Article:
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I know that in the visual cortex there are separate visual pathways for both color and shape. Do these separate pathways imply that human beings become consciously aware of these features separately or are they bound unconsciously?

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It is something of an oversimplification to say that

there are separate visual pathways for both color and shape.

There are many cells, even in V1, which are selective for both colour and shape (or at least orientation). While there are regions more sensitive to some features than others, there are plenty of neurons which combine features. It is also not clear what you mean by becoming conscious of these features separately. Clearly, we can know both that there is something red in front of us and that it is a square. You may have also experienced a flash of a colour without knowing the form, so in that sense, they are separable in consciousness.

The combination of these things is indeed a difficult problem akin to the binding problem. Bruce's answer gives some good background and here is a paper about binding in vision. More generally, binding in feature integration theory requires features to be linked to locations (plausible given topographical organisation in cortex).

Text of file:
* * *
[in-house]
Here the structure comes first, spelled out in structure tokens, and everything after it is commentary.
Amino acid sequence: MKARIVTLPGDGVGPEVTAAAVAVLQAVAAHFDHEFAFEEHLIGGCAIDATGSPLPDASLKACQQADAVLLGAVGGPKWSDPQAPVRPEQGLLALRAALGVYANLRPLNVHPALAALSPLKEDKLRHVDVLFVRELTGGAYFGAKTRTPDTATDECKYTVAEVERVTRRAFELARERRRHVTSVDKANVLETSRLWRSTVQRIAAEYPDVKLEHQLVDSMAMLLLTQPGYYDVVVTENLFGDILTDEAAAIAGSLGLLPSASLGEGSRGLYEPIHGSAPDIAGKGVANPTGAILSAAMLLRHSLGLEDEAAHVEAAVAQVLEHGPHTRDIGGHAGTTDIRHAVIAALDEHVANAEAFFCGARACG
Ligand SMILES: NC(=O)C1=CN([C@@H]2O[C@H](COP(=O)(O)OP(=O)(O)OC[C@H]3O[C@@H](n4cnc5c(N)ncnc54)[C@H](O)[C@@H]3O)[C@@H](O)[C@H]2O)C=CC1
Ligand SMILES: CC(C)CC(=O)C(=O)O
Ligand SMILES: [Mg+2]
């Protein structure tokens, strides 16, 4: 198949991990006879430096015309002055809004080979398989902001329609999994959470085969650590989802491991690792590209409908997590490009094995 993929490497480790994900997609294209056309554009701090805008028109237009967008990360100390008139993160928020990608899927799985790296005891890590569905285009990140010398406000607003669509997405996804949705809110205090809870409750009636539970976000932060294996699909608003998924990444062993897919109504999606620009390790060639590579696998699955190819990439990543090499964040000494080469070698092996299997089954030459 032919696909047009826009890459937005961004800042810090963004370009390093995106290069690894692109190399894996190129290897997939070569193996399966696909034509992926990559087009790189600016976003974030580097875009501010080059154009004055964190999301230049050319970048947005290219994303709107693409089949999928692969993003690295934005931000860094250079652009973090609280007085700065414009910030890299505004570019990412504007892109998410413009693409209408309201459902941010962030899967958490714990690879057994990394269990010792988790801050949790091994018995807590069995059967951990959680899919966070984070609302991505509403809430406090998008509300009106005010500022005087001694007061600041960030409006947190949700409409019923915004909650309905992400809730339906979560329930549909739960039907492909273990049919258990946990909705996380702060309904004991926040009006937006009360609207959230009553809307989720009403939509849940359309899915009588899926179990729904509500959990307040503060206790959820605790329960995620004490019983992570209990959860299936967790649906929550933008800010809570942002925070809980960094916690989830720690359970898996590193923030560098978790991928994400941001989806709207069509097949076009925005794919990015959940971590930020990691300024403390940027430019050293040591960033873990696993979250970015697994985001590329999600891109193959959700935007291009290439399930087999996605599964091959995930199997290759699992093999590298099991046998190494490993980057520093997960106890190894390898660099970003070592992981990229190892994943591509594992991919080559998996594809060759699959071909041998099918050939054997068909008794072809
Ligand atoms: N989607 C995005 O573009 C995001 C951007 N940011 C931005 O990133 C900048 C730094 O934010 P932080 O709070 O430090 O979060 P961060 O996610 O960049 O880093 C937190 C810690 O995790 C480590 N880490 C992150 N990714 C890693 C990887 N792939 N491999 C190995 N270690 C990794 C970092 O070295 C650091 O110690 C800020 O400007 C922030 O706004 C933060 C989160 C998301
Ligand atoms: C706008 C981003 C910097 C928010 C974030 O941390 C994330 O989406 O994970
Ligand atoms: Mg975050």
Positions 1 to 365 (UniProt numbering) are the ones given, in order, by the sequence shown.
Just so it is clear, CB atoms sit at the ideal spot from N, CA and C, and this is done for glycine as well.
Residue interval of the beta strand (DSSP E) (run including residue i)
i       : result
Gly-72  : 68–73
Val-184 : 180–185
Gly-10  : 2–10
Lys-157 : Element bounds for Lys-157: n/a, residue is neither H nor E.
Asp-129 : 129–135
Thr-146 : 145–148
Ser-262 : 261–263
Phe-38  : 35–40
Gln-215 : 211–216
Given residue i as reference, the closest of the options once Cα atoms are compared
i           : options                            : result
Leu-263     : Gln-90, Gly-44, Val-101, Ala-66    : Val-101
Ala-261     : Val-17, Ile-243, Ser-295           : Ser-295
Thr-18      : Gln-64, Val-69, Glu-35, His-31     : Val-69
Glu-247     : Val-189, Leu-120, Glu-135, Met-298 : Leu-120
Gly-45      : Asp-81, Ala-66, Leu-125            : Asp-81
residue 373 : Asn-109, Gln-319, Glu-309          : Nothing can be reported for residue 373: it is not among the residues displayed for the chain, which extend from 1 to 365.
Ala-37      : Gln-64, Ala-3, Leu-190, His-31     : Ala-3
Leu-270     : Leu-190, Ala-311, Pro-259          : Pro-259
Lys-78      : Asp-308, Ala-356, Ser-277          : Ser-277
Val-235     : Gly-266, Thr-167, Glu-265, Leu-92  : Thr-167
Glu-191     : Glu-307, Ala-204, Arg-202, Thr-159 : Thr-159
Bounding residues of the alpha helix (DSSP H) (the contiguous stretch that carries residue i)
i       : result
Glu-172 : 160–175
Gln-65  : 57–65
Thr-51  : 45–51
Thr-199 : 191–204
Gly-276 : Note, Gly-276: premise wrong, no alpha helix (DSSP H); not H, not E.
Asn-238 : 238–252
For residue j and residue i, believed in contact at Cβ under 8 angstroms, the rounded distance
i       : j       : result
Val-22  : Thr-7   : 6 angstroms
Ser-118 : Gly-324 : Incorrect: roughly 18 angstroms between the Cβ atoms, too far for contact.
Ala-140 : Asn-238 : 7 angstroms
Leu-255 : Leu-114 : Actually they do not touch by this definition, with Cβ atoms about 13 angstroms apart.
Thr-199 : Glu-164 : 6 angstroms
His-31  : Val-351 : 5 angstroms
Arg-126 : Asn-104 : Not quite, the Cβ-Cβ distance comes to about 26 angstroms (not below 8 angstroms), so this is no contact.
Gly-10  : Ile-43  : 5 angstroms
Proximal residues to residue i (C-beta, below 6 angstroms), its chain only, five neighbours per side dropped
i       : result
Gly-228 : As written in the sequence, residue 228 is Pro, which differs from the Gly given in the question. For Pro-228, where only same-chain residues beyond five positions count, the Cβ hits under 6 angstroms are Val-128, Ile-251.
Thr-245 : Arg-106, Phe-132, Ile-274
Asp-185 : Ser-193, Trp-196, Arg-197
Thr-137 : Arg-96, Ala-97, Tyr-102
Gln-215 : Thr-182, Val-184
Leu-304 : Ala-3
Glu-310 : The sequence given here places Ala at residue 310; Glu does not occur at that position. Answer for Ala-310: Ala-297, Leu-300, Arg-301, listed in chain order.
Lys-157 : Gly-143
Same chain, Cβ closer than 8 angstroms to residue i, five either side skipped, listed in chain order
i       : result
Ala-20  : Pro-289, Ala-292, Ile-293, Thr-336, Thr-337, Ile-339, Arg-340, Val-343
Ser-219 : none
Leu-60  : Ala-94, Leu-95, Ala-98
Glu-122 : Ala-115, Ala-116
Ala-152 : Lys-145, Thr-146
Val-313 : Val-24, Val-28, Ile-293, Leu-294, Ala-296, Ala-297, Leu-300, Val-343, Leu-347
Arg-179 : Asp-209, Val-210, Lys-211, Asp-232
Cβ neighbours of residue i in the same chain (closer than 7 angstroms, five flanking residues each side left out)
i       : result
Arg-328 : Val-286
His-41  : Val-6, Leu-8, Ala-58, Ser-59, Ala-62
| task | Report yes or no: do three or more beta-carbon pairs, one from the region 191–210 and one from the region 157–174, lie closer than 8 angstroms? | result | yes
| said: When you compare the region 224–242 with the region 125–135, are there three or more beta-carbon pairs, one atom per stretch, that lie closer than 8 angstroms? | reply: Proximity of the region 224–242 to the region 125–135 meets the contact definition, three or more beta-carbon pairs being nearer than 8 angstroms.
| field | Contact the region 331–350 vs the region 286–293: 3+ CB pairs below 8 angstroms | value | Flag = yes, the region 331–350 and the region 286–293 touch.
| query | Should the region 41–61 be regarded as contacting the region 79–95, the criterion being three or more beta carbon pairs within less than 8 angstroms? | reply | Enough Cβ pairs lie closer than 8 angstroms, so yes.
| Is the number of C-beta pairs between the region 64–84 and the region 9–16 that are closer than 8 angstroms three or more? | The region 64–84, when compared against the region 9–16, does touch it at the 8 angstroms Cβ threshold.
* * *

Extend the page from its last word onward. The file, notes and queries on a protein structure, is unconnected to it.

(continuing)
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They are bound unconsciously, and this is known as the binding problem. You can make experiments (using very short durations and/or "masks") however, to interfere with this process. The result is that sometimes you consciously bind the wrong color and shape.

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  • $\begingroup$ Do you have references to these experiments? $\endgroup$
    – Seanny123
    Nov 10 '15 at 0:26
  • $\begingroup$ It is in most Vision textbooks, but I will try to find the original reference $\endgroup$ Nov 10 '15 at 0:32

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